Cooking Mama: Cook Off
|Cooking Mama: Cook Off|
|Developer(s)||Cooking Mama Limited|
Cooking Mama: Cook Off (クッキングママ みんなといっしょにお料理大会! Kukkingu Mama: Minna to Issho ni Oryōri Taikai!) is a video game for the Wii that was developed by Cooking Mama Limited (known at the time of release as Office Create) and published by Taito in Japan, Majesco Entertainment in North America, and 505 Games in Europe and Australia. It is the sequel to the Nintendo DS game Cooking Mama. The game was released in Japan on February 8, 2007 and in North America on March 20, 2007. In Europe (other than in Germany), it was released on May 11, 2007, with an Australian release closely following on May 18, 2007. The Wii sequel to this game, Cooking Mama: World Kitchen was released in the US in November 2008.
Cook Off is a cooking simulation, where dishes are prepared by completing a series of short minigames. Each minigame represents a step in the meal preparation process, with a complete dish requiring anywhere from two to more than a dozen such steps. Players use the Wii Remote to mimic real-life cooking movements such as rolling, slicing, chopping, and stirring. For example, during a minigame involving grinding up raw beef, the player might be instructed to move the Wii Remote in a circular motion as if grasping the handle of a meat grinder. Both the Wii Remote's motion sensing and positional/pointing capabilities may be utilized, depending on the minigame.
Cook Off features a total of 55 different recipes using over 300 different ingredients. Although the initial number of accessible recipes is relatively small, new recipes are unlocked as previous recipes are successfully completed. Available recipes are displayed in a cookbook, along with a small national flag next to each, indicating each recipe's country of origin. While Cook Off includes fewer total recipes than Cooking Mama, recipes have a greater average number of steps and/or ingredients.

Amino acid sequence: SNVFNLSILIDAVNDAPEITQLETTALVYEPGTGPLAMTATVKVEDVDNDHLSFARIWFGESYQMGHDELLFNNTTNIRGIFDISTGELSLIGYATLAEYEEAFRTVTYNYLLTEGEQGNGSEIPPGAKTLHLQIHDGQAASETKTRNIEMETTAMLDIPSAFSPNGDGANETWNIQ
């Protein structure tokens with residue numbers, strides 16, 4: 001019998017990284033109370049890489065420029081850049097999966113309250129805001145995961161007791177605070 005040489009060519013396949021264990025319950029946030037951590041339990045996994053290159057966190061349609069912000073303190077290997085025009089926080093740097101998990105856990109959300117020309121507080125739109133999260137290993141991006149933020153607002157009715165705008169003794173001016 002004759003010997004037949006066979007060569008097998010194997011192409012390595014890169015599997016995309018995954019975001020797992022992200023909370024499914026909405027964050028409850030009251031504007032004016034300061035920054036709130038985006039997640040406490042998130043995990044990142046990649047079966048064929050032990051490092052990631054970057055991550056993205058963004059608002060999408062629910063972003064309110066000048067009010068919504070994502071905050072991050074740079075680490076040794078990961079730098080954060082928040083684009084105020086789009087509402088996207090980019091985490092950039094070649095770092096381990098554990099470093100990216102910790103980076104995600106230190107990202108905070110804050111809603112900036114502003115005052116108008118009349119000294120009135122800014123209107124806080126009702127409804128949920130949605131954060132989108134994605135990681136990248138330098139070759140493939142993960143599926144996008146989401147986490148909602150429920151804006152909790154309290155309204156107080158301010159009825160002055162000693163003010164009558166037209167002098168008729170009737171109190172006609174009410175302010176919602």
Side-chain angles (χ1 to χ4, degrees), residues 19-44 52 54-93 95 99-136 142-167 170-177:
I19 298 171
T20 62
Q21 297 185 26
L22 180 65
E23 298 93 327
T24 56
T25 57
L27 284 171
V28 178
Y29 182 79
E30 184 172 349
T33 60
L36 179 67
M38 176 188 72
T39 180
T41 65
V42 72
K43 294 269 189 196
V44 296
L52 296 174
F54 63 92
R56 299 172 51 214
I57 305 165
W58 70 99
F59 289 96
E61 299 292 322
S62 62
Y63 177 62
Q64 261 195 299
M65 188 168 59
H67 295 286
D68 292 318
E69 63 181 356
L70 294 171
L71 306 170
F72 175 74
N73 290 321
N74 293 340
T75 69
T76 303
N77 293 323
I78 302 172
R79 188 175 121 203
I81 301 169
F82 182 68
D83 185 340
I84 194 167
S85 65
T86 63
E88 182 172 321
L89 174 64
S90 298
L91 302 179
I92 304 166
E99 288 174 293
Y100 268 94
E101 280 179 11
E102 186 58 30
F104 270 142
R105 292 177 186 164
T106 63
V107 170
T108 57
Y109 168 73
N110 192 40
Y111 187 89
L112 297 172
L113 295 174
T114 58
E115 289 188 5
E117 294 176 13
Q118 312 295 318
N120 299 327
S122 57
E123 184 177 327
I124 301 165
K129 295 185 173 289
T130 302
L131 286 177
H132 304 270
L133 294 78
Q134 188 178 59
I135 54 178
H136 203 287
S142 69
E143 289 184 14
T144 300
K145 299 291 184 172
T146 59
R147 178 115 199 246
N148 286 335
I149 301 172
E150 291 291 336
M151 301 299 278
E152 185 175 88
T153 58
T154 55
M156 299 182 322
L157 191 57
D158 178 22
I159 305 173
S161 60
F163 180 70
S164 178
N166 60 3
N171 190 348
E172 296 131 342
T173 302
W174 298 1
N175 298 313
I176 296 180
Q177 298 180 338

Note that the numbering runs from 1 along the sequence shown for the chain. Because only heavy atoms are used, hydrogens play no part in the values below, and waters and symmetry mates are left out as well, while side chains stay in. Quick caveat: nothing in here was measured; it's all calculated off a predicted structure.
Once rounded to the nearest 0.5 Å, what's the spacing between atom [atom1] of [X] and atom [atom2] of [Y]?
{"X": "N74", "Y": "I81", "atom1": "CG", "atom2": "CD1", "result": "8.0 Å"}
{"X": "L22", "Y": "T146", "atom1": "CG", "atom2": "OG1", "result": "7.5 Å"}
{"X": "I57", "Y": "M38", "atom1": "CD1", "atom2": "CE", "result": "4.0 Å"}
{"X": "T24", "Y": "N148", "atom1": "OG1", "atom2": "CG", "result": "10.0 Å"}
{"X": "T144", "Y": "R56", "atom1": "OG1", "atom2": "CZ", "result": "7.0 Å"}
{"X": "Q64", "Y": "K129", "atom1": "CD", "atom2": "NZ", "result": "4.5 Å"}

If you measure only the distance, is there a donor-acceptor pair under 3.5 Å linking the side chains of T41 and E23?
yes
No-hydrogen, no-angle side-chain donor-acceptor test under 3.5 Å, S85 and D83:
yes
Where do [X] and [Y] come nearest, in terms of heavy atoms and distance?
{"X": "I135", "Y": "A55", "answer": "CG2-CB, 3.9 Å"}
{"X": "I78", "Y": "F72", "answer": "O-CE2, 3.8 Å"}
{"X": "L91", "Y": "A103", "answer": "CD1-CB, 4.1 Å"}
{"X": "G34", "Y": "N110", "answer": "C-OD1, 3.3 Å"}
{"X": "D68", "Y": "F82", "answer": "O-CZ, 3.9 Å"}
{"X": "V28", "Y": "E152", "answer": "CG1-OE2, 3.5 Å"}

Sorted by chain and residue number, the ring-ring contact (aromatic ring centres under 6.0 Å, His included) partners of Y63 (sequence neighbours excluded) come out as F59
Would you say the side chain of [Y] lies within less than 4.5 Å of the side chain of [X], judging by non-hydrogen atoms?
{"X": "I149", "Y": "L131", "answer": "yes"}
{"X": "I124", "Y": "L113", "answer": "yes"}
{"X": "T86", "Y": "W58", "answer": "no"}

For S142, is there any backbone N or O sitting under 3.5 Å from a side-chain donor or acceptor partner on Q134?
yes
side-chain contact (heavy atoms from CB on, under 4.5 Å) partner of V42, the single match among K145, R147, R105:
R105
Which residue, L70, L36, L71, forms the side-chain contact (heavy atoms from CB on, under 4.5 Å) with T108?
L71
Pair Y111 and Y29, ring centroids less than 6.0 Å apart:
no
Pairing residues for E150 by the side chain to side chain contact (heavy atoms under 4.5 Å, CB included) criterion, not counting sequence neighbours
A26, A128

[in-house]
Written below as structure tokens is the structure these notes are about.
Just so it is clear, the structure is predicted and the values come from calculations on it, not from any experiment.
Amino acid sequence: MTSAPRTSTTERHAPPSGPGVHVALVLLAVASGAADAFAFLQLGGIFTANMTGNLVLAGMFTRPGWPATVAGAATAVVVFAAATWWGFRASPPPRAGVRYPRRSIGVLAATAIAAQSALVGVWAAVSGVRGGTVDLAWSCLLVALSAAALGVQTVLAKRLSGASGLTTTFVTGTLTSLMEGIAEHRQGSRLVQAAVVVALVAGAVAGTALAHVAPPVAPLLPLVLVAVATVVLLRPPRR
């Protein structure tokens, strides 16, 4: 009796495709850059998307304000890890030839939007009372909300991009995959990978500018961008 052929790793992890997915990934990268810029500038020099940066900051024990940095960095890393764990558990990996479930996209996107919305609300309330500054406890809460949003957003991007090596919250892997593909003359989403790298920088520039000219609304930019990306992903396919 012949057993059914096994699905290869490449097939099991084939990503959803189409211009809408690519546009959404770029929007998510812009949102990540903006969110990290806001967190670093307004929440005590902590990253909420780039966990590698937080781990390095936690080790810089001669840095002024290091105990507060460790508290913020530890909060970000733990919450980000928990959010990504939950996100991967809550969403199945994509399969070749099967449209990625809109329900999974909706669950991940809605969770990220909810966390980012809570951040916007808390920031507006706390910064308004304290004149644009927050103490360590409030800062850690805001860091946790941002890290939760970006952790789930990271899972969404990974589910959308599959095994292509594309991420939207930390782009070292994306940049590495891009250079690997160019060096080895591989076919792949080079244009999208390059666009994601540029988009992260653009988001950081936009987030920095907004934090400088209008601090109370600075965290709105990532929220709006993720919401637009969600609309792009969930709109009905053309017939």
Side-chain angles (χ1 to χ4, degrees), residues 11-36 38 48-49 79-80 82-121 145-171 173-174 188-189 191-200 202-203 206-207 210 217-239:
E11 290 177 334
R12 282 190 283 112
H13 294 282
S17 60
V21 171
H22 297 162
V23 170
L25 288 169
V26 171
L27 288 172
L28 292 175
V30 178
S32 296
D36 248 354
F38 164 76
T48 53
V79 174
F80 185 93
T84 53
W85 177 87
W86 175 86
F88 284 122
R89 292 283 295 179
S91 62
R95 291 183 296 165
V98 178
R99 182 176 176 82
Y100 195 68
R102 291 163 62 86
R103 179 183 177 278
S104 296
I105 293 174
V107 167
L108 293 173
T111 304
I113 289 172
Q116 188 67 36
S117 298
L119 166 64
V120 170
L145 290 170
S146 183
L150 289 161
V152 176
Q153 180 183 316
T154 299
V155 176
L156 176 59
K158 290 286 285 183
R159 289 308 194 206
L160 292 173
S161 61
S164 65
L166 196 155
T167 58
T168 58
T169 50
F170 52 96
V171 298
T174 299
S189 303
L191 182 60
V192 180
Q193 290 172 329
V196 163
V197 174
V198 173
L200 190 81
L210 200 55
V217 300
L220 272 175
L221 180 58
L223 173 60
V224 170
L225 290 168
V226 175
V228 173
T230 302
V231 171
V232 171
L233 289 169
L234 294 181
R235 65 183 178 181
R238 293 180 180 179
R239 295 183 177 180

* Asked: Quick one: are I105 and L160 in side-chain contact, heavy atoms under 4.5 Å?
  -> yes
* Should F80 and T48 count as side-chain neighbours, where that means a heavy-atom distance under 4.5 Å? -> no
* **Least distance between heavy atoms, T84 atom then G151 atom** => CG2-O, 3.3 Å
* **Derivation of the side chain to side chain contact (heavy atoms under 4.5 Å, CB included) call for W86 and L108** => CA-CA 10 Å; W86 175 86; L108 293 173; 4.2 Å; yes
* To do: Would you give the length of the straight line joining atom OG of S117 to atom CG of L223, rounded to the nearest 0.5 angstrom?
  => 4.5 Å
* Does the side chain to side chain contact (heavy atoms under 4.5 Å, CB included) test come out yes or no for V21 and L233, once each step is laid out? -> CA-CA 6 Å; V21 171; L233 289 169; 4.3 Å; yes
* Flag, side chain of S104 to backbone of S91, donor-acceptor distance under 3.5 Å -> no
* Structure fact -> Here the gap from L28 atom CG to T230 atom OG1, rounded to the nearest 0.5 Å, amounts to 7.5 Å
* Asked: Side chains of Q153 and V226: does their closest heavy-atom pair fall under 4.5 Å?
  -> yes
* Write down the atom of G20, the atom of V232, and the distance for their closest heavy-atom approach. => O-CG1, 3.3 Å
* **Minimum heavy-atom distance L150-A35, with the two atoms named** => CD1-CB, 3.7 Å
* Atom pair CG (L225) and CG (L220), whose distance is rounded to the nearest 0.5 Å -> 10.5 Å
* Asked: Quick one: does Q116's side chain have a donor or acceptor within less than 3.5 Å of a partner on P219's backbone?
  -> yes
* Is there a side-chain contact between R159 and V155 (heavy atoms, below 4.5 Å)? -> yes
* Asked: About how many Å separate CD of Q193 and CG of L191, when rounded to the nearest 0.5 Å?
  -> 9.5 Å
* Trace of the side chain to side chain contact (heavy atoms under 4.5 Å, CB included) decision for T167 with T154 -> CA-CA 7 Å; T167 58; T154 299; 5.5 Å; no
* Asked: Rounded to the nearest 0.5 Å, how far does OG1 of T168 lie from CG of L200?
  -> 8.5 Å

As with the previous title, the player's performance is rated based on how quickly and accurately he or she can perform the various tasks. The player is awarded a score after each minigame, with the score factoring in both successful completion and the amount of time remaining. After the dish is completed, a medal is awarded based upon the average performance in each of the minigames. Unlike the original Cooking Mama, the best total score is stored as a high score, so that players can continue to try and surpass their previous performance on a dish even after winning a gold medal.
If players complete an entire minigame without making a mistake, or otherwise perform a given sub-task perfectly, they may be awarded a small score bonus for their skill.
The primary new play mode (as compared to the original Cooking Mama) is the Friends and Food of the World mode. In this mode, players challenge fictitious friends from various foreign countries to make their favorite recipes. Each friend has different ethnic or national recipes which they specialize in; in total, the game includes recipes from 10 different countries. As friends rarely make mistakes, players must be proficient at creating a given dish if they hope to win. Defeating the opponent rewards the player with a piece of cooking gear or utensil (often adorned in gold), while failure earns a consolation prize with which to decorate the kitchen.
The game also includes a new two-player mode, titled Friends and Food, in which players compete head-to-head preparing the same recipe. Both players play simultaneously (each with their own Wii Remote) using a split-screen view. After the dish is completed, the total scores of both players are compared and one is declared the winner.
Prior to the title's release, early press generated a certain level of excitement, with Wired proclaiming Cooking Mama: Cook Off the "Best Game of CES 2007". However, after playing the finished product, several reviews noted that the game was not nearly as responsive or intuitive as its predecessor. According to reviewers, a simple action with the Wii Remote can be difficult to perform successfully, leading to a frustrating experience. While the game was reported to still be fun, the lack of tactile feedback and several nagging control issues detract from the overall enjoyment.
In Japan, Famitsu gave it a score of one six, two eights, and one seven, for a total of 29 out of 40. Elsewhere, in the May 2007 issue, Electronic Gaming Monthly's three editors gave the game marks of 7/10, 7.5/10 and 8/10, earning it an overall score of 7.5 out of 10. In 2009, Games Magazine gave it a favorable review, concluding that the game "should appeal to anyone".
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- Wired News staff (January 12, 2007). "CES: Winners and Losers". Wired. Archived from the original on January 24, 2007. Retrieved February 6, 2016.